For example, to limit the number of page views dispensed to something human -- say, 6 requests every 30 second -- you could issue the following rules:

iptables -N BADGUY
iptables -t filter -I BADGUY -m recent --set --name badguys

iptables -A INPUT -p tcp --dport http -m state --state NEW -m recent --name http --set
iptables -A INPUT -p tcp --dport http -m state --state NEW -m recent --name http --rcheck --seconds 30 --hitcount 6 -j BADGUY
iptables -A INPUT -p tcp --dport http -m state --state NEW -m recent --name http --rcheck --seconds  3 --hitcount 2 -j DROP

Note that this limit would apply to each visitor independently, so one user's misuse of the site wouldn't affect any other visitor.

Hope this helps!

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You could reduce the load on your server by having the RSS and HTML update at the same time, so there's no incentive for the bots to screenscrape your site. Of course this gives the bots and advantage in buying your gear.

If you only accept payments via credit card (might be the case, might not be, but it shows my line of thinking) only allow a user to buy a BOC once every 10 sales with the same account and/or credit card. It's easy for a script kiddie to get a swarm of IPs, less easy for them to get a whole heap of credit cards together. And as you've said IPs are really hard to ban, while temporary bans on credit cards should be a walk in the park.

You could let everyone know what the limit is, or you could just tell them that because of the high demand and/or bot interest there's throttling implemented on the purchasing while being unspecific about the mechanism.

Each attempt to purchase during the throttling period could trigger an exponential backoff - you buy a BOC, you have to what for 10 sales to pass before you try again. You try again anyway on the next sale, and now you have to wait 20 sales, then 40, then 80...

This is only really useful if it's really unlikely that a human user would manage to get a BOC twice in less than 10 sales. Tune the number as appropriate.

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There are a few solutions you could take, based on the level of complexity you want to get into.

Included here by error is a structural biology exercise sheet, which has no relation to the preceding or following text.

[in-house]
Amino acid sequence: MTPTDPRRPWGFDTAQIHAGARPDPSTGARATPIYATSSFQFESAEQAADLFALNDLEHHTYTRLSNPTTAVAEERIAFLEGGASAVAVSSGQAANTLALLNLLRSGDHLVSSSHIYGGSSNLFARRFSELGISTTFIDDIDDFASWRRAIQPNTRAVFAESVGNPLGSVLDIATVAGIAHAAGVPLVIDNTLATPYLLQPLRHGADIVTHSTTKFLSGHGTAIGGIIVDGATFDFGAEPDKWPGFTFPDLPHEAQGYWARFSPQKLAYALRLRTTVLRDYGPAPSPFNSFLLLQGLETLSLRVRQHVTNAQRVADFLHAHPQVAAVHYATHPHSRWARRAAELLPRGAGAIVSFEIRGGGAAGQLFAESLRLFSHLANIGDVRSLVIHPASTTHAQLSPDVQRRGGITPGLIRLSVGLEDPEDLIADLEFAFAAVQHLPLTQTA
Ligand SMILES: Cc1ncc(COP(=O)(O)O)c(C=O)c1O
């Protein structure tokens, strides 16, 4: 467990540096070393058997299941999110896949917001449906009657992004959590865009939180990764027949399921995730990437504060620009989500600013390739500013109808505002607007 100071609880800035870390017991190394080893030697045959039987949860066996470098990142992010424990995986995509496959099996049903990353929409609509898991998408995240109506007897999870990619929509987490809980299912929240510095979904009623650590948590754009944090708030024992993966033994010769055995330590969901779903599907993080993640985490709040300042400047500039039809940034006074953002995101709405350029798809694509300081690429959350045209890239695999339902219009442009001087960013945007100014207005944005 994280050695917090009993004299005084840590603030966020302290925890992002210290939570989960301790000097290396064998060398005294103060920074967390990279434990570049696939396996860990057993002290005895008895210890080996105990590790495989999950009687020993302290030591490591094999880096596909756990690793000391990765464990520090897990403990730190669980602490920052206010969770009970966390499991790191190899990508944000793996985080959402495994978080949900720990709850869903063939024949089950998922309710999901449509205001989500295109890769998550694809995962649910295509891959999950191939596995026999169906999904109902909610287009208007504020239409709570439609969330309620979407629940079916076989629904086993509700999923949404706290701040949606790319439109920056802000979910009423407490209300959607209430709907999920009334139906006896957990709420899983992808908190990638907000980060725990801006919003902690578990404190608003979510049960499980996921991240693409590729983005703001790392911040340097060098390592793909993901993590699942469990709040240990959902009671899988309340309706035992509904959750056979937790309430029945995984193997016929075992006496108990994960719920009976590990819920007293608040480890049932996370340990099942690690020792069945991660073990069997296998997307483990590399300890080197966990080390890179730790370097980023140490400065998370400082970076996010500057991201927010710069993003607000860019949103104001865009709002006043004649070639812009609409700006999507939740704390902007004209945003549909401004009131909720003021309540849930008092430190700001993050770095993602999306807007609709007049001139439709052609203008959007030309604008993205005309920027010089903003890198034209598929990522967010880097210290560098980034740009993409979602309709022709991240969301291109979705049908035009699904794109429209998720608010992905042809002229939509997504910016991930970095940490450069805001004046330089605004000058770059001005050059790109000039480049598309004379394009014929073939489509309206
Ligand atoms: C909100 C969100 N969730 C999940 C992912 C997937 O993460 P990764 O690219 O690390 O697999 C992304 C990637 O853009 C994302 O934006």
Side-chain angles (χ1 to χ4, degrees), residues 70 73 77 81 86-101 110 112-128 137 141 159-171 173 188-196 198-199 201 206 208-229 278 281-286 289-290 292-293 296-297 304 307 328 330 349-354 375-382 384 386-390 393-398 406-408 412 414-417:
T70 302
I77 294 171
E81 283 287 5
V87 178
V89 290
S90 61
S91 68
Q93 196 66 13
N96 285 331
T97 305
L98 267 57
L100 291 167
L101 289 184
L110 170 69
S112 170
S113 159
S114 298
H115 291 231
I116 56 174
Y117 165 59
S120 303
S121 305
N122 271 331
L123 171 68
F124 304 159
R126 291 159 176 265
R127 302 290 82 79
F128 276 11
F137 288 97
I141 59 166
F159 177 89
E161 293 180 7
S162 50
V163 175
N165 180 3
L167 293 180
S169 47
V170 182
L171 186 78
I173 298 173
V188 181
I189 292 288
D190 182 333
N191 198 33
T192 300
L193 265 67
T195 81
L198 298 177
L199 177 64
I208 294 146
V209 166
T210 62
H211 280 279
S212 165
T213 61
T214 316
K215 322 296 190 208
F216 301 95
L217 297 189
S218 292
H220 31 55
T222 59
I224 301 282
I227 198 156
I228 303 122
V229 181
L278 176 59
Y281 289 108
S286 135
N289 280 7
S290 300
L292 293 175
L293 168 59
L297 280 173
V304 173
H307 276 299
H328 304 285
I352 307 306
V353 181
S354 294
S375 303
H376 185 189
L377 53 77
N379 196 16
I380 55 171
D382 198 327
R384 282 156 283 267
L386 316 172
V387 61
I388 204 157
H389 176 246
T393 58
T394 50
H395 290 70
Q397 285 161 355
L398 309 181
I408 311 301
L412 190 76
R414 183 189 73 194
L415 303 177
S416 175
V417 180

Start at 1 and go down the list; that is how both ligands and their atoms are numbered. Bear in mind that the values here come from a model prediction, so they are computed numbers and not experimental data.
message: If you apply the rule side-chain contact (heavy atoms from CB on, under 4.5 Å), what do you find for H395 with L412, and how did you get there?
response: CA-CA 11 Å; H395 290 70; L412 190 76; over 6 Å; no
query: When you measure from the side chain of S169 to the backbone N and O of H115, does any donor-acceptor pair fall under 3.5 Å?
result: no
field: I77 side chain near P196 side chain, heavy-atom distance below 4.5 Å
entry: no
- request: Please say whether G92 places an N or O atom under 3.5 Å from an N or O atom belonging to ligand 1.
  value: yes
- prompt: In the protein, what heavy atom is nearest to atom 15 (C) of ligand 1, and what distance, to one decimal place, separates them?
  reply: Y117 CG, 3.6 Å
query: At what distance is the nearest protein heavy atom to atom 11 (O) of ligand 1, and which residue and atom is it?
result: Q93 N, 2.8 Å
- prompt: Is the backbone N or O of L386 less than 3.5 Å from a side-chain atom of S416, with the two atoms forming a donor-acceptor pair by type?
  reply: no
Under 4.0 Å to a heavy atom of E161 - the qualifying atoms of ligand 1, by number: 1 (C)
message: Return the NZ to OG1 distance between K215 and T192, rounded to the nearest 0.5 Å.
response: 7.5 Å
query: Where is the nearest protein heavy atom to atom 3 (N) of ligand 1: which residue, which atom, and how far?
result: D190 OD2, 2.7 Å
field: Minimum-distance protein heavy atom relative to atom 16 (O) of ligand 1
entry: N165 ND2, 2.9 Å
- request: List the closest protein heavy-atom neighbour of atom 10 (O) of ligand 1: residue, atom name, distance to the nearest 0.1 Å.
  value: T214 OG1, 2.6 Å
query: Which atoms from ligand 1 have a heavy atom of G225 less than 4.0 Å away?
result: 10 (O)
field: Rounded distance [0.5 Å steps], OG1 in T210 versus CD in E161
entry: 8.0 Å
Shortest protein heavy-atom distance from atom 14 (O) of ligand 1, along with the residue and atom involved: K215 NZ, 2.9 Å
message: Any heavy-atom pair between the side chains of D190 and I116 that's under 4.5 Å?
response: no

These are all based on IP tracking, which falls apart somewhat under botnets and cloud computing, but should thwart the vast majority of botters. The chances that Joe Random has a cloud of bots at his disposal is far lower than the chance that he's just running a Woot bot he downloaded somewhere so he can get his bag of crap.

Plain Old Throttling

At a very basic, crude level, you could throttle requests per IP per time period. Do some analysis and determine that a legitimate user will access the site no more than X times per hour. Cap requests per IP per hour at that number, and bots will have to drastically reduce their polling frequency, or they'll lock themselves out for the next 58 minutes and be completely blind. That doesn't address the bot problem by itself, but it does reduce load, and increases the chance that legitimate users will have a shot at the item.

Adaptive Throttling

An variant on that solution might be to implement a load balancing queue, where the number of requests that one has made recently counts against your position in the queue. That is, if you keep slamming the site, your requests become lower priority. In a high-traffic situation like the bag of crap sales, this would give legitimate users an advantage over the bots in that they would have a higher connection priority, and would be getting pages back more quickly, while the bots continue to wait and wait until traffic dies down enough that their number comes up.

End-of-the-line captcha

Third, while you don't want to bother with captchas, a captcha at the very end of the process, right before the transaction is completed, may not be a bad idea. At that point, people have committed to the sale, and are likely to go through with it even with the mild added annoyance. It prevents bots from completing the sale, which means that at a minimum all they can do is hammer your site to try to alert a human about the sale as quickly as possible. That doesn't solve the problem, but it does mean that the humans have a far, far better chance of obtaining sales than the bots do currently. It's not a solution, but it's an improvement.

A combination of the above

Implement basic, generous throttling to stop the most abusive of bots, while taking into account the potential for multiple legitimate users behind a single corporate IP. The cutoff number would be very high - you cited bots hitting your site 10x/sec, which is 2.16 million requests/hour, which is obviously far above any legitimate usage, even for the largest corporate networks or shared IPs.

Implement the load balancing queue so that you're penalized for taking up more than your share of server connections and bandwidth. This penalizes people in the shared corporate pools, but it doesn't prevent them from using the site, and their violation should be far less terrible than your botters, so their penalization should be less severe.

Finally, if you have exceeded some threshold for requests-per-hour (which may be far, far, far lower than the "automatically drop the connection" cutoff), then require that the user validate with a captcha.